Rainwater is undrinkable due to chemicals: study
Rainwater is not drinkable anywhere on the planet due to its high level of toxic chemicals, according to a new study from Stockholm University based on the latest recommendations from the United States Environmental Protection Agency (EPA).
Commonly known as “forever chemicals” because they break down extremely slowly, PFASs ( perfluoroalkylated and polyfluoroalkylated substances ) were initially found in packaging, shampoo, and makeup but have now been extended to the entire environment, including water and air.
“There is nowhere on Earth where rain is safe to drink, based on the measurements we have taken,” Ian Cousins, a professor at the university and lead author of the study, published in the scientific journal Environmental Science and Technology, told AFP.
Data collected since 2010 and studied by his team show that “even in Antarctica or the Tibetan Plateau, the levels in rainwater are above the drinking water guidelines proposed by the United States EPA (Environmental Protection Agency). Cousins noted.
Typically considered pristine, these two regions contain levels of PFAS “14 times higher” than the new US drinking water guidelines.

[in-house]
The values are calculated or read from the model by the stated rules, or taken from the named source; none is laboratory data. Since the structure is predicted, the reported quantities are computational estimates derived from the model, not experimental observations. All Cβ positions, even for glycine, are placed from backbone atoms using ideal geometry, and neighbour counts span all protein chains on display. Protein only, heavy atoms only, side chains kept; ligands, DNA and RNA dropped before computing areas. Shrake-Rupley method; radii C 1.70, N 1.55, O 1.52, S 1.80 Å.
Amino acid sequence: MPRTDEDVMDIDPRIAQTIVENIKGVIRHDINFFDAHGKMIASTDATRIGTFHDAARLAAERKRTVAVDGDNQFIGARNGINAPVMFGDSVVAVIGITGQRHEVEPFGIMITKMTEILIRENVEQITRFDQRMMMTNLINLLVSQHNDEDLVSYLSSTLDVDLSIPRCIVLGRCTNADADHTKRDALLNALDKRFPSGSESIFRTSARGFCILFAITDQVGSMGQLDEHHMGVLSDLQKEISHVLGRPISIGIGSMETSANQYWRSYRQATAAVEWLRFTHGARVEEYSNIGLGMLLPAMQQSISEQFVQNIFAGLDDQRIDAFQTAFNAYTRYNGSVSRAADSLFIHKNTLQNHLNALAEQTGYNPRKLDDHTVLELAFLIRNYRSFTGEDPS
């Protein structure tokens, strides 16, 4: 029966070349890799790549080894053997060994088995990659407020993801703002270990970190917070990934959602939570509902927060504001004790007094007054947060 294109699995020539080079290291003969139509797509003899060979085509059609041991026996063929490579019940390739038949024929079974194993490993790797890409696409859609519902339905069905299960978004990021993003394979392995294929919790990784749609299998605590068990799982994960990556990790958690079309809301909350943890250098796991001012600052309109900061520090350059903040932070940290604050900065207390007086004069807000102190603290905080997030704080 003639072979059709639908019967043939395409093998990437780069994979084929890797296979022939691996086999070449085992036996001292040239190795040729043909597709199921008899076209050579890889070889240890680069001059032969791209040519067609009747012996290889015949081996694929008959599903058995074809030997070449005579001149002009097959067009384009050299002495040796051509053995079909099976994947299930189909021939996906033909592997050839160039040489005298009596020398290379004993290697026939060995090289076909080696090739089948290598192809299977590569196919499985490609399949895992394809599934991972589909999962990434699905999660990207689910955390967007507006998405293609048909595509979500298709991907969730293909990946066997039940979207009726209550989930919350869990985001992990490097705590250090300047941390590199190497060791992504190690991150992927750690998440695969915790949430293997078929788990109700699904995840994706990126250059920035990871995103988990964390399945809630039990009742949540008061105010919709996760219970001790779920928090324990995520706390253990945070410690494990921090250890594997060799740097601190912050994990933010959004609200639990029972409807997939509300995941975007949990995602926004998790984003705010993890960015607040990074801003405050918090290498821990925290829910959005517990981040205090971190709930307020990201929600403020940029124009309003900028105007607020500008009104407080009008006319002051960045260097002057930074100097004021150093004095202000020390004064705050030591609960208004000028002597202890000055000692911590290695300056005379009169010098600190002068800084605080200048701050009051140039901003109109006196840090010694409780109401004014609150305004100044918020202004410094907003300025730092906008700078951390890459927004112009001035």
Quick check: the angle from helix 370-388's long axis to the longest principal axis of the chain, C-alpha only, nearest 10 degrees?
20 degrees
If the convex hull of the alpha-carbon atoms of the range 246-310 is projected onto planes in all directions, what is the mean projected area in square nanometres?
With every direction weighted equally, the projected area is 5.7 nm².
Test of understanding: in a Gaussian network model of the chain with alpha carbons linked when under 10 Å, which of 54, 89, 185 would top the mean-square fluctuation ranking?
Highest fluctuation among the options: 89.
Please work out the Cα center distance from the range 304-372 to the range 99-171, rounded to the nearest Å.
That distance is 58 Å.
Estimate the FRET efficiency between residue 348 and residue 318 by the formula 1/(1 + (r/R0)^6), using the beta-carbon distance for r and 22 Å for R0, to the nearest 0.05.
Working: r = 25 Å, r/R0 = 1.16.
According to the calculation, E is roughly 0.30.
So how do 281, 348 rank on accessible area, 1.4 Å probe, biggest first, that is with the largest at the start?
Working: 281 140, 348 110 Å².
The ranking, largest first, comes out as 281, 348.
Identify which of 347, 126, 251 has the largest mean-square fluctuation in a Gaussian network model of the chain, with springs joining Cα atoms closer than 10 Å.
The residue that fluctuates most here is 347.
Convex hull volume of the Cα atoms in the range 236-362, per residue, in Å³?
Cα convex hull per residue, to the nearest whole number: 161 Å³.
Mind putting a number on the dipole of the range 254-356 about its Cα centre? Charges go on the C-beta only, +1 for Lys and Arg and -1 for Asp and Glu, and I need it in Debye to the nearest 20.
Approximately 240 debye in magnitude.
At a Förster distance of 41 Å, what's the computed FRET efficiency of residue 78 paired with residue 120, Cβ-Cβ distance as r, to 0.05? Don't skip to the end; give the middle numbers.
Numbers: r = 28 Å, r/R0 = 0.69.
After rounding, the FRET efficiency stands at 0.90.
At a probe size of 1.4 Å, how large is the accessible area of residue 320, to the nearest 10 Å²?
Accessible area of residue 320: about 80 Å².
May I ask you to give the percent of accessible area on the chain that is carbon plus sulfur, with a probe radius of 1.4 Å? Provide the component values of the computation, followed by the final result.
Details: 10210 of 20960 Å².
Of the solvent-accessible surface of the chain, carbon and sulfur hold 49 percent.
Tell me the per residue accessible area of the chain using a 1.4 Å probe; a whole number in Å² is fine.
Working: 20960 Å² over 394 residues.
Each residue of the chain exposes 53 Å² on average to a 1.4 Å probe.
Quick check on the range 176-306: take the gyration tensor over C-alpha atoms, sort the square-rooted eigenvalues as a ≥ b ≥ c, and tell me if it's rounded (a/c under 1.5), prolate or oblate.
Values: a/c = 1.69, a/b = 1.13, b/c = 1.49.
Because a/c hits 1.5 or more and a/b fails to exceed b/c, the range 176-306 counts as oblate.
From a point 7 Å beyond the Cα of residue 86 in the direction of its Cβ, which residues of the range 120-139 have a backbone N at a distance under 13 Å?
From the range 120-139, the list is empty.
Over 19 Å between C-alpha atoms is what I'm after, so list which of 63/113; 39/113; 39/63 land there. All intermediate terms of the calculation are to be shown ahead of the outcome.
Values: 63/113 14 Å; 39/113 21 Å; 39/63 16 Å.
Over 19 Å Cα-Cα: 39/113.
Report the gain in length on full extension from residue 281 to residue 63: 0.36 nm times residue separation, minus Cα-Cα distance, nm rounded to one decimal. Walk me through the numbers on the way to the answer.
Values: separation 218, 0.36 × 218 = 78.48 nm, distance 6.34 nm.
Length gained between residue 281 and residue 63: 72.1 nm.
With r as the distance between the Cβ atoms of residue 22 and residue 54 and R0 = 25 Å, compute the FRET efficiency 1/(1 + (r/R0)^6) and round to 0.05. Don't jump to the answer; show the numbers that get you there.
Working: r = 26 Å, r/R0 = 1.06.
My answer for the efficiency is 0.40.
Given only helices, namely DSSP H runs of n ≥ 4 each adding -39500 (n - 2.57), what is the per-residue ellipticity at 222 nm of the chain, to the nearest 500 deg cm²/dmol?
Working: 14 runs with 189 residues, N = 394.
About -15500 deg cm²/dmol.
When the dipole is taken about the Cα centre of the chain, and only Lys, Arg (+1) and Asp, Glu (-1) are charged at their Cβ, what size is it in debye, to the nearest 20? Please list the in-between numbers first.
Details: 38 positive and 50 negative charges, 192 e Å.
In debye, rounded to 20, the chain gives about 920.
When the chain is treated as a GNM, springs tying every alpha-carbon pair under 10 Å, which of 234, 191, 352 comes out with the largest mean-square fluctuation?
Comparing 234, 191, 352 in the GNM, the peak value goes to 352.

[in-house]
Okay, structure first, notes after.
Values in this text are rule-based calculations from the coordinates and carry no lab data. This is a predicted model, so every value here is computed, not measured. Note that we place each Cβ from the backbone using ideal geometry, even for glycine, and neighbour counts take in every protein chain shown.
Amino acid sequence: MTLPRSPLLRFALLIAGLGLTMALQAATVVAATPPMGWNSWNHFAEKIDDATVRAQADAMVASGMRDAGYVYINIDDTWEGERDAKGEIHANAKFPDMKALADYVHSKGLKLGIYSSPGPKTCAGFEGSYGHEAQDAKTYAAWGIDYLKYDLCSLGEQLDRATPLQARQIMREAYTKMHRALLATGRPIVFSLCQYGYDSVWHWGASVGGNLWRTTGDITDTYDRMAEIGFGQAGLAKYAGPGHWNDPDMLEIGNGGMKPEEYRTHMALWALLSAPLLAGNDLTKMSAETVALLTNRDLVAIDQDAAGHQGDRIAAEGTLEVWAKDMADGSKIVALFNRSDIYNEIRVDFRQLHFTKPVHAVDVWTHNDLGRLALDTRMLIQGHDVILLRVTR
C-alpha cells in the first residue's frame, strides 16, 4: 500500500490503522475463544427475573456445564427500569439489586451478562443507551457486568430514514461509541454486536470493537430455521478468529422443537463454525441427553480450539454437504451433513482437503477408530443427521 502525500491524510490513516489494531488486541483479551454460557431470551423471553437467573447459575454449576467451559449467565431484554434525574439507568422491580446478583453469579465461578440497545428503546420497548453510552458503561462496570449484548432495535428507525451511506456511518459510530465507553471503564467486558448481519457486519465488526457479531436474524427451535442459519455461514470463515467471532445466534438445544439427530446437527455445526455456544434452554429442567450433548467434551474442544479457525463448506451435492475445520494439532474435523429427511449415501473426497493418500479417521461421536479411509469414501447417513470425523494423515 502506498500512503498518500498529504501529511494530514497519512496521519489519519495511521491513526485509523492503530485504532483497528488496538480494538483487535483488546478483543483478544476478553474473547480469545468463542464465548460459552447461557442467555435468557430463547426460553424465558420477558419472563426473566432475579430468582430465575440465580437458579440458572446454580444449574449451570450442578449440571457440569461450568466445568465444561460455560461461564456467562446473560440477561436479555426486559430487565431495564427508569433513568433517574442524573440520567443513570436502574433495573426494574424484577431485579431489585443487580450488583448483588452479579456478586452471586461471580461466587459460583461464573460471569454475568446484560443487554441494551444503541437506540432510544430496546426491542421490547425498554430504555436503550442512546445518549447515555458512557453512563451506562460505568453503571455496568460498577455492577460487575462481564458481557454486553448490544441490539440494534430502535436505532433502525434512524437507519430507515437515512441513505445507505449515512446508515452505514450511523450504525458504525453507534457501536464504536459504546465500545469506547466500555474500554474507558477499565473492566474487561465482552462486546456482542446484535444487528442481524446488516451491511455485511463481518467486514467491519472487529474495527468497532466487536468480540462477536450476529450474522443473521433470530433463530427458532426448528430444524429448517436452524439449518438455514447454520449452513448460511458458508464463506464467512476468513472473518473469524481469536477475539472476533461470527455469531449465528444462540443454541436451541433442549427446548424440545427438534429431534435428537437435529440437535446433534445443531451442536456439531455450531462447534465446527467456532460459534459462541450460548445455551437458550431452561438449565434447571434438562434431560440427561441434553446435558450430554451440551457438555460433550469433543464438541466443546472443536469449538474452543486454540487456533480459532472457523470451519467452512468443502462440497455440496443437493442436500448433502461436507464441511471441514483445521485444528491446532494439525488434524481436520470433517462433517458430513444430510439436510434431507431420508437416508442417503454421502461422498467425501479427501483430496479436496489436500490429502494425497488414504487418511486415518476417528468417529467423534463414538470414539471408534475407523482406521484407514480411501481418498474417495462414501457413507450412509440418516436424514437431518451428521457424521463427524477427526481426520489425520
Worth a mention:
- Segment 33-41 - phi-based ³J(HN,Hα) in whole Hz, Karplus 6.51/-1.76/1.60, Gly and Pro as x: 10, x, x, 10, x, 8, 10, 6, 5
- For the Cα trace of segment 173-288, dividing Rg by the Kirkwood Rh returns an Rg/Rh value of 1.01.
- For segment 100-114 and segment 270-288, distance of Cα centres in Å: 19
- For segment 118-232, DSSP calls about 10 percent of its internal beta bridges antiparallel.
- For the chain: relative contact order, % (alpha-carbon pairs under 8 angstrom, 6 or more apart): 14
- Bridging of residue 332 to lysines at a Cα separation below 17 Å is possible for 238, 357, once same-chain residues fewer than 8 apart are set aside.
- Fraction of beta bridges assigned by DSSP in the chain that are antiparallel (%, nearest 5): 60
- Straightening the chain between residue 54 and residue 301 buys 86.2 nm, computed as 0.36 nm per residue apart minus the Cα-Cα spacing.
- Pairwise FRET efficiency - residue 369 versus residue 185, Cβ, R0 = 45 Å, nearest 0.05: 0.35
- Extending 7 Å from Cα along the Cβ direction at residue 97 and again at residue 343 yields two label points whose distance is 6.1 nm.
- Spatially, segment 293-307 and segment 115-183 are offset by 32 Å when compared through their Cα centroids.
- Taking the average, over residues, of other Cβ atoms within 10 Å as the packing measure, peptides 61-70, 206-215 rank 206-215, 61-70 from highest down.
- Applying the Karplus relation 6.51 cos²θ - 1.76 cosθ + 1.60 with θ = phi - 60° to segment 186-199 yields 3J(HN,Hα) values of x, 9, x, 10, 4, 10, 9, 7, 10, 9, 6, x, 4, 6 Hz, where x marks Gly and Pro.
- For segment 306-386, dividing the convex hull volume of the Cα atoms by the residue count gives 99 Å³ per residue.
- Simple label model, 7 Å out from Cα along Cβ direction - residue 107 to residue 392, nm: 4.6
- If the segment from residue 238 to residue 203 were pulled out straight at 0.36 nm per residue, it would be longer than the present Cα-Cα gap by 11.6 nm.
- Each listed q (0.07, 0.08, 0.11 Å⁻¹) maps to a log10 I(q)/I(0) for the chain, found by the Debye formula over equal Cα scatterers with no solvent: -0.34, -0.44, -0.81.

Cousins explained that the EPA recently significantly lowered the recommended levels of PFAS after discovering that the chemicals can affect children’s immune responses to vaccines.
According to some studies, exposure can also cause fertility problems, developmental delays in children, or increased risk of obesity, cholesterol, or certain types of cancer.
The researcher clarified, however, that the levels of PFAS in people have decreased “quite a lot in the last 20 years.” “What has changed are the guidelines. They have dropped millions of times since the early 2000s, because we have learned more about the toxicity of these substances.”
In any case, PFAS are now “so persistent” and ubiquitous that they will never disappear from the planet. “We’re going to have to live with it,” she said.